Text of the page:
Microsoft accused of failure to observe Open XML standards process

XML specialist Alex Brown, who was involved in the ISO standardisation of Microsoft’s Open XML – still perhaps best known as OOXML – says Microsoft has failed to honour the commitments it made when the standard was approved. In particular, it seems little progress has been made between Office 2007 and Office 2010. The key problem is that Microsoft implemented Open XML before it was standardised. There were numerous changes made during the standardisation process, but what to do about the existing implementation? Loosely, the existing unacceptable format was given a “Transitional” status, while the more satisfactory, corrected format was called “Strict”. Microsoft promised to implement the “Strict” variant as soon as it could. Brown adds:

I was convinced at the time, and remain convinced today, that the division of OOXML into Strict and Transitional variants was the innovation which allowed the Standard to pass. Enough National Bodies could then vote in good conscience for OOXML knowing that their preferred, Strict, variant would be under their control into the future while the Transitional variant (which – remember – they had effectively rejected in 2007) would remain purely for the purpose of accurately specifying old documents: a useful aim in itself.

It is now two years since Open XML was approved, and Microsoft is on the brink of releasing a new version of Office. So does Office 2010 implement Open XML Strict? Apparently not – it’s the Transitional version. That is bad enough; worse still, according to Brown, it does not even conform correctly to that:

It is also a worrying commentary on the standards-savvyness of the Office developers that the first amateur attempts of part-time outsiders find problems with documents which Redmond’s internal QA processes have missed. I confidently predict that fuller validation of Office document is likely to reveal many problems both with those documents, and with the Standard itself, over the coming years.

Note that Brown is basing his remarks on the preview of Office 2010; we have not seen the final release yet. I can believe that Microsoft may fix some issues, but it looks vanishingly unlikely that Office 2010 will implement the “Strict” standard which ISO approved.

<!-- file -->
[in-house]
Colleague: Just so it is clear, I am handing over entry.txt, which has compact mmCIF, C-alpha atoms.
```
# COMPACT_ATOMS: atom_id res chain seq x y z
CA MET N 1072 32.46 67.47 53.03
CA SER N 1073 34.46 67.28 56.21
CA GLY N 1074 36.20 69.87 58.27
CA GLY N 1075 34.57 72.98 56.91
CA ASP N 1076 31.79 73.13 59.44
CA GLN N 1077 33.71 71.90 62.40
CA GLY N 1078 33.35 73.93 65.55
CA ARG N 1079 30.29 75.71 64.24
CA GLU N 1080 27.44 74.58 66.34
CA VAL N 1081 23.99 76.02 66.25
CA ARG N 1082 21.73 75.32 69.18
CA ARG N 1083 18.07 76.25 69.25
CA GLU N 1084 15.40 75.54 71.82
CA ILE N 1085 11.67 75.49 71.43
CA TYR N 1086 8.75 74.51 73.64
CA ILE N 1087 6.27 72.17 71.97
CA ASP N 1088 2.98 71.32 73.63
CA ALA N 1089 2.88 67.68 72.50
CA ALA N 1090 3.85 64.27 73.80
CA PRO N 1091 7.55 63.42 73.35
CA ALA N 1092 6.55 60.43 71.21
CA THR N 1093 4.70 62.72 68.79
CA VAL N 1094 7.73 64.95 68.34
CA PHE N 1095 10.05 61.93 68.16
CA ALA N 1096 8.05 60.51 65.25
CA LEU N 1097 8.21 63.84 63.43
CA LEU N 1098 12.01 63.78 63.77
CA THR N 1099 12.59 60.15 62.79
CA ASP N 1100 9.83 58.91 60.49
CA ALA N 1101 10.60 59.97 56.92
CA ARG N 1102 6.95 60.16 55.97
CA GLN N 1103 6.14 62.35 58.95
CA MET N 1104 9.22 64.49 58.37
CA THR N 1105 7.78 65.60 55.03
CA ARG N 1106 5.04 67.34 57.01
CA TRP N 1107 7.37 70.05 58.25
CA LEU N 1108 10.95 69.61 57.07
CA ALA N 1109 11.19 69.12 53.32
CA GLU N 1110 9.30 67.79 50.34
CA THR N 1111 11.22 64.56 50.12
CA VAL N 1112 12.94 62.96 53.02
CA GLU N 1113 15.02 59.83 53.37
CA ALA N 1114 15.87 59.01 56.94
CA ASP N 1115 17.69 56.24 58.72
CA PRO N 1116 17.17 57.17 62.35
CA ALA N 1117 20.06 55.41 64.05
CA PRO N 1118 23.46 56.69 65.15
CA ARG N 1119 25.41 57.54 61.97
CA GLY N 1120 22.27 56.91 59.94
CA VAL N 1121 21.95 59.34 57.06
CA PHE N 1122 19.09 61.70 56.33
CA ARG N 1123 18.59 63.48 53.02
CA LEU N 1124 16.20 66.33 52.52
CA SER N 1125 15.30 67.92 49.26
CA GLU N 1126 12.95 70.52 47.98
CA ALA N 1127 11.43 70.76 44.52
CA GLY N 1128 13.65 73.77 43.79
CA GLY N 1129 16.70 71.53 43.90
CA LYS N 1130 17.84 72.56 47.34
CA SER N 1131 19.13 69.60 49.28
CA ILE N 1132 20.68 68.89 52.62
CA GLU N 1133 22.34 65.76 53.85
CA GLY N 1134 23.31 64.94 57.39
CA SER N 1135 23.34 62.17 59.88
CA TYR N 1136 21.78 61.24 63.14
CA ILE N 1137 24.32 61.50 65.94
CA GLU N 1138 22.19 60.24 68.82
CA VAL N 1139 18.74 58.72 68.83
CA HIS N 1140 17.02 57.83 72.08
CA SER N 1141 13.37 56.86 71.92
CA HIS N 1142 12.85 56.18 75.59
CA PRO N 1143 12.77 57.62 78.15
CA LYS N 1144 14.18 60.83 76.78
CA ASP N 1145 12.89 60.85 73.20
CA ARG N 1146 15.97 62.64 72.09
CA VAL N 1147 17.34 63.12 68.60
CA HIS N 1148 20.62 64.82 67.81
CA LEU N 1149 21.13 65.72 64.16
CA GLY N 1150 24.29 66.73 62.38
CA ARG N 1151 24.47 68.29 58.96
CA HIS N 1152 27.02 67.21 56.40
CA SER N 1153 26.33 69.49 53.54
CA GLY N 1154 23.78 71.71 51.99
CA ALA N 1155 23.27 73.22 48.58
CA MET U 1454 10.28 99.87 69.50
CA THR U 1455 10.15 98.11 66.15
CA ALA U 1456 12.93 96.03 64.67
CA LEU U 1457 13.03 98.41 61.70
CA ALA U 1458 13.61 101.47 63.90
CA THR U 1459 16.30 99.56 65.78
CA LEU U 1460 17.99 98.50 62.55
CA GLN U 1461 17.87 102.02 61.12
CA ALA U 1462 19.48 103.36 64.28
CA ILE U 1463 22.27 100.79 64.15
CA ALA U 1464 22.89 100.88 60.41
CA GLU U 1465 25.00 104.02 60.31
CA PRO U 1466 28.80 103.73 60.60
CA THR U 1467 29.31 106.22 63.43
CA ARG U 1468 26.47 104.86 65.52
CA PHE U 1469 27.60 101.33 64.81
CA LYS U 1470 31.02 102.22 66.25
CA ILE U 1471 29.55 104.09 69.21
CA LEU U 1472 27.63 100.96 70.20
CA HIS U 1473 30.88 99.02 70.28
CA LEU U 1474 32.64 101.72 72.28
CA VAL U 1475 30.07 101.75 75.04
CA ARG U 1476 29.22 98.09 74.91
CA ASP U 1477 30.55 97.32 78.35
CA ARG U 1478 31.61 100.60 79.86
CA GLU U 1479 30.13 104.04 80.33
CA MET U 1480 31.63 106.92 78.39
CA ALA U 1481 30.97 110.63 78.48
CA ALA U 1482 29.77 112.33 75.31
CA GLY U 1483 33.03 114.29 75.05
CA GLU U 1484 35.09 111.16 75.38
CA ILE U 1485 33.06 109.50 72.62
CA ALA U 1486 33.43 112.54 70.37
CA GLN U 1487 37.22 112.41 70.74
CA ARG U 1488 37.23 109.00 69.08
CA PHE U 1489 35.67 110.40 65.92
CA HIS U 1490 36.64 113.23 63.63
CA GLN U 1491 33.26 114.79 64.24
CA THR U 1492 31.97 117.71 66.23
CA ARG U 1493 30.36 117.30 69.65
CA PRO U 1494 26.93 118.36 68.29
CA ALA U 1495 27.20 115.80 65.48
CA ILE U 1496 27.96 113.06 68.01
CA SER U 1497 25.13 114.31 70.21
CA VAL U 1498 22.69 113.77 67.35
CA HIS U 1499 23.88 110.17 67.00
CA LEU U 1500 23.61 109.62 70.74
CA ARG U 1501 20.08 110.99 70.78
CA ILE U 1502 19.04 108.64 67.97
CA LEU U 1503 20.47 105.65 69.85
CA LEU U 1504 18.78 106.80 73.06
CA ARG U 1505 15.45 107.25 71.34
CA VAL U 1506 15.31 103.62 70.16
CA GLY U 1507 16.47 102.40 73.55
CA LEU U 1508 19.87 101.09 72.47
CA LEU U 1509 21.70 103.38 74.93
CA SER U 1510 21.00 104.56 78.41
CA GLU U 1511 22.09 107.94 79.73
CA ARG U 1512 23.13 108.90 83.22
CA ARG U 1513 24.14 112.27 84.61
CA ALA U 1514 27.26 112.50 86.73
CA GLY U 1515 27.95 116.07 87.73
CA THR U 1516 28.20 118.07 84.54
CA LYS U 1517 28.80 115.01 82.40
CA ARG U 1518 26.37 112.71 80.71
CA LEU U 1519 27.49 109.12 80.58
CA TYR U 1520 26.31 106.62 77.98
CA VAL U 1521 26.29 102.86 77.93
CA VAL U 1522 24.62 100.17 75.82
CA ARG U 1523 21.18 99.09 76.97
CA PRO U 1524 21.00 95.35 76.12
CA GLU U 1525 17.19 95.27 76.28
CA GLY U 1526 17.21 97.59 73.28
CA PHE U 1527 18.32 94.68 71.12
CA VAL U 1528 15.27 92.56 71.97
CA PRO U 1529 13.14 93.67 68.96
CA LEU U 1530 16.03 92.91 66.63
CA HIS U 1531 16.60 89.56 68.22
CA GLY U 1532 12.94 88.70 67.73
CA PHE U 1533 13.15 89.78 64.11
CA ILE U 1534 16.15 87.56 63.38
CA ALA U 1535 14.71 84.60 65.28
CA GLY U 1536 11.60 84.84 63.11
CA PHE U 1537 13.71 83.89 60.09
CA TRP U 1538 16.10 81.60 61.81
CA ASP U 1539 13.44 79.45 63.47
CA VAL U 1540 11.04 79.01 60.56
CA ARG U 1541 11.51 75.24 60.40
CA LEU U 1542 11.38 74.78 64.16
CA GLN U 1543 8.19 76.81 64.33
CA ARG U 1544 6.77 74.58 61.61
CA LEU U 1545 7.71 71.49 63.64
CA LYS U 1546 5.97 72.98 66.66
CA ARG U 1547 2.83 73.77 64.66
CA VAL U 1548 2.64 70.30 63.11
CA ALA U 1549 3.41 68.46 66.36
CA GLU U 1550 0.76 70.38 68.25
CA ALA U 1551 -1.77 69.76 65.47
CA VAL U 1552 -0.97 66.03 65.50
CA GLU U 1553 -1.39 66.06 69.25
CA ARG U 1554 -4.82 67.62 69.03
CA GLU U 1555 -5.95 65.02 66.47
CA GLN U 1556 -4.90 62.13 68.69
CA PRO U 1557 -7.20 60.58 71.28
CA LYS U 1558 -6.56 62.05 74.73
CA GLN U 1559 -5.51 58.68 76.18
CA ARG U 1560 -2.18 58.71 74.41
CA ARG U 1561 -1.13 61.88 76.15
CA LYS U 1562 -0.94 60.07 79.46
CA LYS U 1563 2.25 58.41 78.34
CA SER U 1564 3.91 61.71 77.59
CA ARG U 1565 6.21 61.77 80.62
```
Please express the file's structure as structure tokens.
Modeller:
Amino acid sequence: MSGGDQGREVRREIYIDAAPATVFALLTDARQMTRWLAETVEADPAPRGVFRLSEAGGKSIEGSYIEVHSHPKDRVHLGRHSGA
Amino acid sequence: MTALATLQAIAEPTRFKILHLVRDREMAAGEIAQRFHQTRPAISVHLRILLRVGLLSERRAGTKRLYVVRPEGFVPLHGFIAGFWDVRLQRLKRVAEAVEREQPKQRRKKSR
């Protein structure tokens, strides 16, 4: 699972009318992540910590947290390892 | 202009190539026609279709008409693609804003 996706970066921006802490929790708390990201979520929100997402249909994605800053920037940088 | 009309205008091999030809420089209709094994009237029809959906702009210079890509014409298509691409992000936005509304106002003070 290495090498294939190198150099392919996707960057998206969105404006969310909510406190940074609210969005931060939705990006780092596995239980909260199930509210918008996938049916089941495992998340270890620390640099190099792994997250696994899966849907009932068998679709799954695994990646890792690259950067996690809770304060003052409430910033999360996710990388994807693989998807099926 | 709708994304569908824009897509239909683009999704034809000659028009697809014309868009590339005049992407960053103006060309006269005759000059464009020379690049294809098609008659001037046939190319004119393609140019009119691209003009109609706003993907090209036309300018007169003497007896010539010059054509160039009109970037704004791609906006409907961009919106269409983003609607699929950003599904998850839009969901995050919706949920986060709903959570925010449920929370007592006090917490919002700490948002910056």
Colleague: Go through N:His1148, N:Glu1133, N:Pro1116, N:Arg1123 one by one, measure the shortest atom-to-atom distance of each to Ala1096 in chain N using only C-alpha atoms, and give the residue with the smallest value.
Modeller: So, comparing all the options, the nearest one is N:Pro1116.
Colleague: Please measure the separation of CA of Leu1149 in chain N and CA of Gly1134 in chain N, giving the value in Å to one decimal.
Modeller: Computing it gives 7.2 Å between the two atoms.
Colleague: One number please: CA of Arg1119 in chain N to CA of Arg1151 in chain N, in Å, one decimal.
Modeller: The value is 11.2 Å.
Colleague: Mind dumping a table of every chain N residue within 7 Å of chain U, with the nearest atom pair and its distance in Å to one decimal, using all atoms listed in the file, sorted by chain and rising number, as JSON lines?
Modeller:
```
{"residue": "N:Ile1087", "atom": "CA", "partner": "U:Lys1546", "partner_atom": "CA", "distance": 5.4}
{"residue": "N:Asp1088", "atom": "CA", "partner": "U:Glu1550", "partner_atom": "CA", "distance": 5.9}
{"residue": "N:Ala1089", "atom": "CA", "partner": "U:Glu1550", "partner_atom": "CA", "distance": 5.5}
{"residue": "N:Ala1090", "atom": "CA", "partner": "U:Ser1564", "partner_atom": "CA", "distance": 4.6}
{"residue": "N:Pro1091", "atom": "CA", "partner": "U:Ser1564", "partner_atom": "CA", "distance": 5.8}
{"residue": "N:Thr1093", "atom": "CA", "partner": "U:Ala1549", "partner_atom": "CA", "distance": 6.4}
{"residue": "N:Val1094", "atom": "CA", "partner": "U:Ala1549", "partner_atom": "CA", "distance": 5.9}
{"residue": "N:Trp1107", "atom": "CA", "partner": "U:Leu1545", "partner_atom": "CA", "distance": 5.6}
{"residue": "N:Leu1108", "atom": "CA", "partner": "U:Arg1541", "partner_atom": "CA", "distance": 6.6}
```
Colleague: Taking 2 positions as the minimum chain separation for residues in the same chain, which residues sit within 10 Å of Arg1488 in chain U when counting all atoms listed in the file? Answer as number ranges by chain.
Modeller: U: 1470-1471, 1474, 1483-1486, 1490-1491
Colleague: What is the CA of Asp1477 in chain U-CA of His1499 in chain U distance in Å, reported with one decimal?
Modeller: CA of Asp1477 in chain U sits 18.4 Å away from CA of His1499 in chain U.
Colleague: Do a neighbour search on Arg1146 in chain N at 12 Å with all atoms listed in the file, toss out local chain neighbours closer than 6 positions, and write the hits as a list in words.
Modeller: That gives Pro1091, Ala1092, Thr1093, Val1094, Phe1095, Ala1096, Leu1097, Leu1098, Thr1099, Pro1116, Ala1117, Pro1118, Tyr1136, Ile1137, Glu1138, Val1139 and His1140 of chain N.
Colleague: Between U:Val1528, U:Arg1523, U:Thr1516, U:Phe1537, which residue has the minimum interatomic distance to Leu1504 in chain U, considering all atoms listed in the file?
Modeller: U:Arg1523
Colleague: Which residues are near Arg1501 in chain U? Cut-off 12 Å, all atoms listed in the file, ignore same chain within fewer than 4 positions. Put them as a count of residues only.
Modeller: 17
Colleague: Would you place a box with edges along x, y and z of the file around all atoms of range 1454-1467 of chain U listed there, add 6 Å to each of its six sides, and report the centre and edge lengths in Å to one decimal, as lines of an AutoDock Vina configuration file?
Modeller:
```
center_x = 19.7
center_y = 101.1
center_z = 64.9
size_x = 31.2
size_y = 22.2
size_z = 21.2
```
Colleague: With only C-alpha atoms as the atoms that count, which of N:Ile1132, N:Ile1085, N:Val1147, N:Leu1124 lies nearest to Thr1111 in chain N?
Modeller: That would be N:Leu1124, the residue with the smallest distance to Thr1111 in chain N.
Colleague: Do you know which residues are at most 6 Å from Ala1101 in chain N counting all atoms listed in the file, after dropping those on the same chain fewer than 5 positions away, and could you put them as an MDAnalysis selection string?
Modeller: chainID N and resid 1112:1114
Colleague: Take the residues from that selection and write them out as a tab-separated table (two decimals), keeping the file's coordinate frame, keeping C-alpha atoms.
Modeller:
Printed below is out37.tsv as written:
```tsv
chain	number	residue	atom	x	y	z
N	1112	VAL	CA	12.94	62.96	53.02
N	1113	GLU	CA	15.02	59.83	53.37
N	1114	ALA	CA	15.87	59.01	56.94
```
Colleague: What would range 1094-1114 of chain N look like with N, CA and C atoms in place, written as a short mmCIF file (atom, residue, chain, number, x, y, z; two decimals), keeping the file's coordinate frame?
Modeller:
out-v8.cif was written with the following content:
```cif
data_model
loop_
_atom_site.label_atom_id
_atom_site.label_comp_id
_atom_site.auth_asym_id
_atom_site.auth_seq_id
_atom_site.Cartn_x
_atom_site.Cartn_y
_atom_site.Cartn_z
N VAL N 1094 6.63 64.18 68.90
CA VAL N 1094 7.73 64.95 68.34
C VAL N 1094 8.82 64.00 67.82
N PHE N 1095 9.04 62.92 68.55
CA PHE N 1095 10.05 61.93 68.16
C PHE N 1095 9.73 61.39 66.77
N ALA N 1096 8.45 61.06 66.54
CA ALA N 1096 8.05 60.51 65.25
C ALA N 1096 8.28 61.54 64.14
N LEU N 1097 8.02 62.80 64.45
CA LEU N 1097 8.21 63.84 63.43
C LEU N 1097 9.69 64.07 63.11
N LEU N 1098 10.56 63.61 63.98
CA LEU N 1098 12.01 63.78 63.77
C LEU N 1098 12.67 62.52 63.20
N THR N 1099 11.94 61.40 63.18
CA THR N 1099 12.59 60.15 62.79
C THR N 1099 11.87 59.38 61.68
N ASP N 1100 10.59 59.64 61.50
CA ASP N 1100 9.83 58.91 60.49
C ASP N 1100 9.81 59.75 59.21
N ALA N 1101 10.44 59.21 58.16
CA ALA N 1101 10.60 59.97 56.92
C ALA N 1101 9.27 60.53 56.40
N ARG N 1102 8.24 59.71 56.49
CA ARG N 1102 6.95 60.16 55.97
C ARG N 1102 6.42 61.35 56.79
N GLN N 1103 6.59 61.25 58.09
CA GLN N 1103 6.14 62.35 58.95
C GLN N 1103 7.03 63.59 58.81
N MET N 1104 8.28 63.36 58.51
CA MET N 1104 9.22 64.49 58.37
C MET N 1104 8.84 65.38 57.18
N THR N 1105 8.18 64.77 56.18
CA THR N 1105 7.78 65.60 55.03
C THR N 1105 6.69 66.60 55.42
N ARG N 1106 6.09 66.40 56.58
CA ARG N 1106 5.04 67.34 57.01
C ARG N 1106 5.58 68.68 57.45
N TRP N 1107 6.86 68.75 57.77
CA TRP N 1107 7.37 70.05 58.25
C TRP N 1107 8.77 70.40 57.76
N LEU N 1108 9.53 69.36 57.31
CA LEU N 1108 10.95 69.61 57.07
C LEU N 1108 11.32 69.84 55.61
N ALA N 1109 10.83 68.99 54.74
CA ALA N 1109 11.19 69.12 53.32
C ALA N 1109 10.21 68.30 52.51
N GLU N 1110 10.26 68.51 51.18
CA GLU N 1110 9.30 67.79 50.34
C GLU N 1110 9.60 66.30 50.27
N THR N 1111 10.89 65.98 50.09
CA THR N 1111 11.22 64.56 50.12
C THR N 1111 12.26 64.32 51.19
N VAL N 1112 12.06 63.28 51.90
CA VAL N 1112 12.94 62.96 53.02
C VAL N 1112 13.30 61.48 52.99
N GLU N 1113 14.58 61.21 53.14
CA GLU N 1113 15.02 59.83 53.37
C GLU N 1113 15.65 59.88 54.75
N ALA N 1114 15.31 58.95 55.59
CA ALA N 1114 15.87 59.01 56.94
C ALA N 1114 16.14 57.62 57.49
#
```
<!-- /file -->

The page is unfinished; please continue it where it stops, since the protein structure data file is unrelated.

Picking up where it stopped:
Brown’s remarks shed light on something I noticed when reviewing the preview:

As for Open XML, it’s notable that Microsoft neglects to mention it at all in its Reviewer’s Guide, even though this is supposedly the release that will fully implement ISO/IEC 29500. It is odd how this has gone from a cause to campaign for, to not-worth-mentioning in just over a year. To be fair, few users ever cared about XML formats themselves: it is only when documents get scrambled or fail to open that such things become important.

No wonder Microsoft said nothing about it, if in reality it has lost interest in conformance.

I think it is a good thing for Microsoft to standardise its Office formats. Selfish manipulation of standards committees on the other hand is not acceptable. One thing is for sure: if Brown is right and

without a change of direction, the entire OOXML project is now surely heading for failure.

then the company will only have itself to blame. Its nightmare will re-emerge: entire governments mandating OpenOffice for the sake of  standards conformance.

That said, and despite the hype, I regard Office 2010 as a minor release. 64-bit Excel, a few tweaks, and a first foray into browser-hosted versions. Microsoft often displays this pattern, following up a release with major changes – Office 2007, for example – with one that is really just a refinement of what went before. It is not impossible that somewhere in the corridors of Redmond a team is working on a new Office that does a much better job with the Open XML standard.

Over to Microsoft – serious about Open XML? Or just doing the minimum necessary to protect a lucrative market dominance – maybe a bit less than the minimum?

Update: Microsoft’s Doug Mahugh has replied to Brown’s comments here. I am writing separately about this.

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2 comments to Microsoft accused of failure to observe Open XML standards process

  • [Devil's Advocate Mode Activated]

    >> The key problem is that Microsoft implemented Open XML before it was standardised.

    I don’t think it’s fair to characterize this as a problem. Standards are emergent, not pre-defined, a pidgin to smooth over implementation differences. 802.11n, CSS 2.1, CSS 3, etc. have all followed the pattern of requiring actual implementations before signing off on the final standard. (When we work in the reverse direction, we end up with things that nobody needs or wants, like XHTML 2 or XForms, or we end up with standards that are not actually implementable, like HLA. Waiting for implementations assesses market need and makes errors in the standard apparent.)

    Office is an application that took over a decade to implement OpenType’s advanced typography features, and that’s a standard that Microsoft helped to create! Product teams like Office are huge, the ball for 2010 was already in motion as 2007 was released, and there are unbelievable backwards compatibility issues that they have to work with to protect their market share.

    I’ll be more apt to put my tinfoil hat on if we haven’t seen improvements by Office 2012/3.

  • tim

    @Nicholas

    No, it is not a problem that it was implemented first. It is a problem though if Microsoft agreed to revise it to conform with the revisions of a standards committee, in order to get it approved, but then does not implement the revisions.

    Maybe it will do and we are worrying unnecessarily.

    Tim